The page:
2.5 Exceptions can be, and often are, user defined types that carry much more information than an error code.

An error code is usually an integer type and can carry only so much information about the error. Microsoft's HRESULT type is actually a pretty impressive attempt to pack as much information in a 32-bit integer as possible, but it clearly shows the limits of that approach. Of course, it is possible to have an error code that is a full-blown object, but the cost of copying such an object multiple times until it reaches the error handler makes this technique not desirable.

On the other hand, exceptions usually are objects and can carry a lot of useful information about the error. It is a pretty common practice for an exception to carry information about the source file and line that it was thrown at (using macros such as _FILE_ and _LINE_) and they can even automatically send messages to a logging system.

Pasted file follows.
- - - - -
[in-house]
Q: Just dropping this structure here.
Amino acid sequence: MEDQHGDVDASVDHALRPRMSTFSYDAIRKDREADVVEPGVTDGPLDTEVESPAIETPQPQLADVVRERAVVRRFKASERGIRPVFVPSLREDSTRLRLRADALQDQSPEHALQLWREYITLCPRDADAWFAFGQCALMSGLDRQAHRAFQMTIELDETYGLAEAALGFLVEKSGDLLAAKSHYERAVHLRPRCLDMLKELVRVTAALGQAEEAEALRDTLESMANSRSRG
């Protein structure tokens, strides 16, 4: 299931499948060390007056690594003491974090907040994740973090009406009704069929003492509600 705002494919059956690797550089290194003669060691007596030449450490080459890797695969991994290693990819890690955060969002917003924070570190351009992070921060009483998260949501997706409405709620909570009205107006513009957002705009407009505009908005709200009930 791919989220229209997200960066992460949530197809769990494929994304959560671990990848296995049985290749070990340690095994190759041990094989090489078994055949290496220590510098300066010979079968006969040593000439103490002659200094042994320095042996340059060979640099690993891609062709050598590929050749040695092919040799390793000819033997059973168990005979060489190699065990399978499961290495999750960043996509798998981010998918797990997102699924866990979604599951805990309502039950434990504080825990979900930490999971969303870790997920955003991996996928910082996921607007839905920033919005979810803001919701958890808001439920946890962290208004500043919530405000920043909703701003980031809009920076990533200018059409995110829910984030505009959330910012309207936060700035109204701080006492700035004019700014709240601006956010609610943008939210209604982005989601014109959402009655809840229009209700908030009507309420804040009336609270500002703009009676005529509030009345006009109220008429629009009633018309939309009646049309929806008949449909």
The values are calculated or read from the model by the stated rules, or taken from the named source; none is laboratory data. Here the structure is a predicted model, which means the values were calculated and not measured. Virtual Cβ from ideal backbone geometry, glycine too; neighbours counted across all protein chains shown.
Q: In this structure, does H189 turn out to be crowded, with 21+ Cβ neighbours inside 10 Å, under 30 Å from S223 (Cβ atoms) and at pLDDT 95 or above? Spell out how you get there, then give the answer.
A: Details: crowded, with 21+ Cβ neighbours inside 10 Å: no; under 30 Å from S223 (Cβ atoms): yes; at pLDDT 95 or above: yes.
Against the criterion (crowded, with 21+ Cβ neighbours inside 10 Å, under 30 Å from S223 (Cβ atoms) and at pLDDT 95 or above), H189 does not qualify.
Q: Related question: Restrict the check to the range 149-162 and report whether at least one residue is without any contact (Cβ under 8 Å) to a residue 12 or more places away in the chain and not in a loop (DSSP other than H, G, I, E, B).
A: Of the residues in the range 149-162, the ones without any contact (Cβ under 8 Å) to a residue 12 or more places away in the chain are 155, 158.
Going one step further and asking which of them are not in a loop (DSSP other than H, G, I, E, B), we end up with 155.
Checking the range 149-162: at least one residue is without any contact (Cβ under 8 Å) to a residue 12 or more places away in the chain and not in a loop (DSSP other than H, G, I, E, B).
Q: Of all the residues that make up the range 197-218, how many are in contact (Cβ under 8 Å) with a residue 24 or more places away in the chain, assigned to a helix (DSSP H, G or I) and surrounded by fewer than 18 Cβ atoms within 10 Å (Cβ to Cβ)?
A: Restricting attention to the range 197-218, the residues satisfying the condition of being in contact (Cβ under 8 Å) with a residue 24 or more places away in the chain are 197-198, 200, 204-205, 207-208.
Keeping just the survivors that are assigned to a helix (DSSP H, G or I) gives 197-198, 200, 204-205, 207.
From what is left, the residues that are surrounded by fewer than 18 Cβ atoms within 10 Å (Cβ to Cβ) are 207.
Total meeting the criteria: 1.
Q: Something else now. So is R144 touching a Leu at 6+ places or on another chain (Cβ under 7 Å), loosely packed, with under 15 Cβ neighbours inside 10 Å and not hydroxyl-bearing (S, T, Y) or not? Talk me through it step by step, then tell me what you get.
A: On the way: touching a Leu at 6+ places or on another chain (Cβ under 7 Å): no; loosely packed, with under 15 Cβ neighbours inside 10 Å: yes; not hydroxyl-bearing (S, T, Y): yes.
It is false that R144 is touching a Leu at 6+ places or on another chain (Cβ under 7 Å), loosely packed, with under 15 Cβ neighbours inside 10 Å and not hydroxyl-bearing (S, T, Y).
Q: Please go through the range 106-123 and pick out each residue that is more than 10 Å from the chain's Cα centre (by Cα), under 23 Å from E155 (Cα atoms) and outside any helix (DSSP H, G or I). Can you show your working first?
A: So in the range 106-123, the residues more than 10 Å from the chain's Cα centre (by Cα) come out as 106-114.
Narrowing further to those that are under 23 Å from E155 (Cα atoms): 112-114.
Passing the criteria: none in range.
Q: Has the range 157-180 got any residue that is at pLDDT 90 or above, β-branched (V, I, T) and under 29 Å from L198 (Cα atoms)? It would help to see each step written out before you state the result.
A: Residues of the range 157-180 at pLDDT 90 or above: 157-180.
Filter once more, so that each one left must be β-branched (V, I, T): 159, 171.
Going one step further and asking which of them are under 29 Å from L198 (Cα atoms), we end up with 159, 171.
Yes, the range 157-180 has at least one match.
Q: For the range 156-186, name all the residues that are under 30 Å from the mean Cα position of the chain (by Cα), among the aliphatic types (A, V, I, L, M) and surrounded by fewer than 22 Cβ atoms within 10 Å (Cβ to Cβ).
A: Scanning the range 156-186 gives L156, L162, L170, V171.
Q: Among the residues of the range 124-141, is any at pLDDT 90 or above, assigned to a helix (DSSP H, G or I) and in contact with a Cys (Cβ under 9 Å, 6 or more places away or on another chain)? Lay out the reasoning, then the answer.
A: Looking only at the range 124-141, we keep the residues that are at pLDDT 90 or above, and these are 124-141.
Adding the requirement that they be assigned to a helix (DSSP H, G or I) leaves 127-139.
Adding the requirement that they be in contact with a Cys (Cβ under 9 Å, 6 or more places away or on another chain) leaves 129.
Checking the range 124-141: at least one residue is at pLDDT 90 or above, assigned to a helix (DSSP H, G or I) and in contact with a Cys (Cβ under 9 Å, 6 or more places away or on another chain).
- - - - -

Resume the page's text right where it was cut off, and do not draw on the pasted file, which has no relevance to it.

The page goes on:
Why is it expensive to use objects for return error codes and not for exceptions? There are two reasons: first, an exception object is created only if an error actually happens, and that should be an exceptional event - pun intended. The error code needs to be created even if the operation succeeds. Another reason is that an exception is usually propagated by reference to the handler and there is no need to copy the exception object.

2.6 Exception objects are matched to the handlers by using the type system.

Let's expand a little on our sample 6 and display a specific error message in case the error happened when establishing the socket connection:

// sample 8: Exception  handler

void AppDialog::on_button()
{
    try {
        string url = url_text_control.get_text();
        result_pane.set_text(
            get_title(url));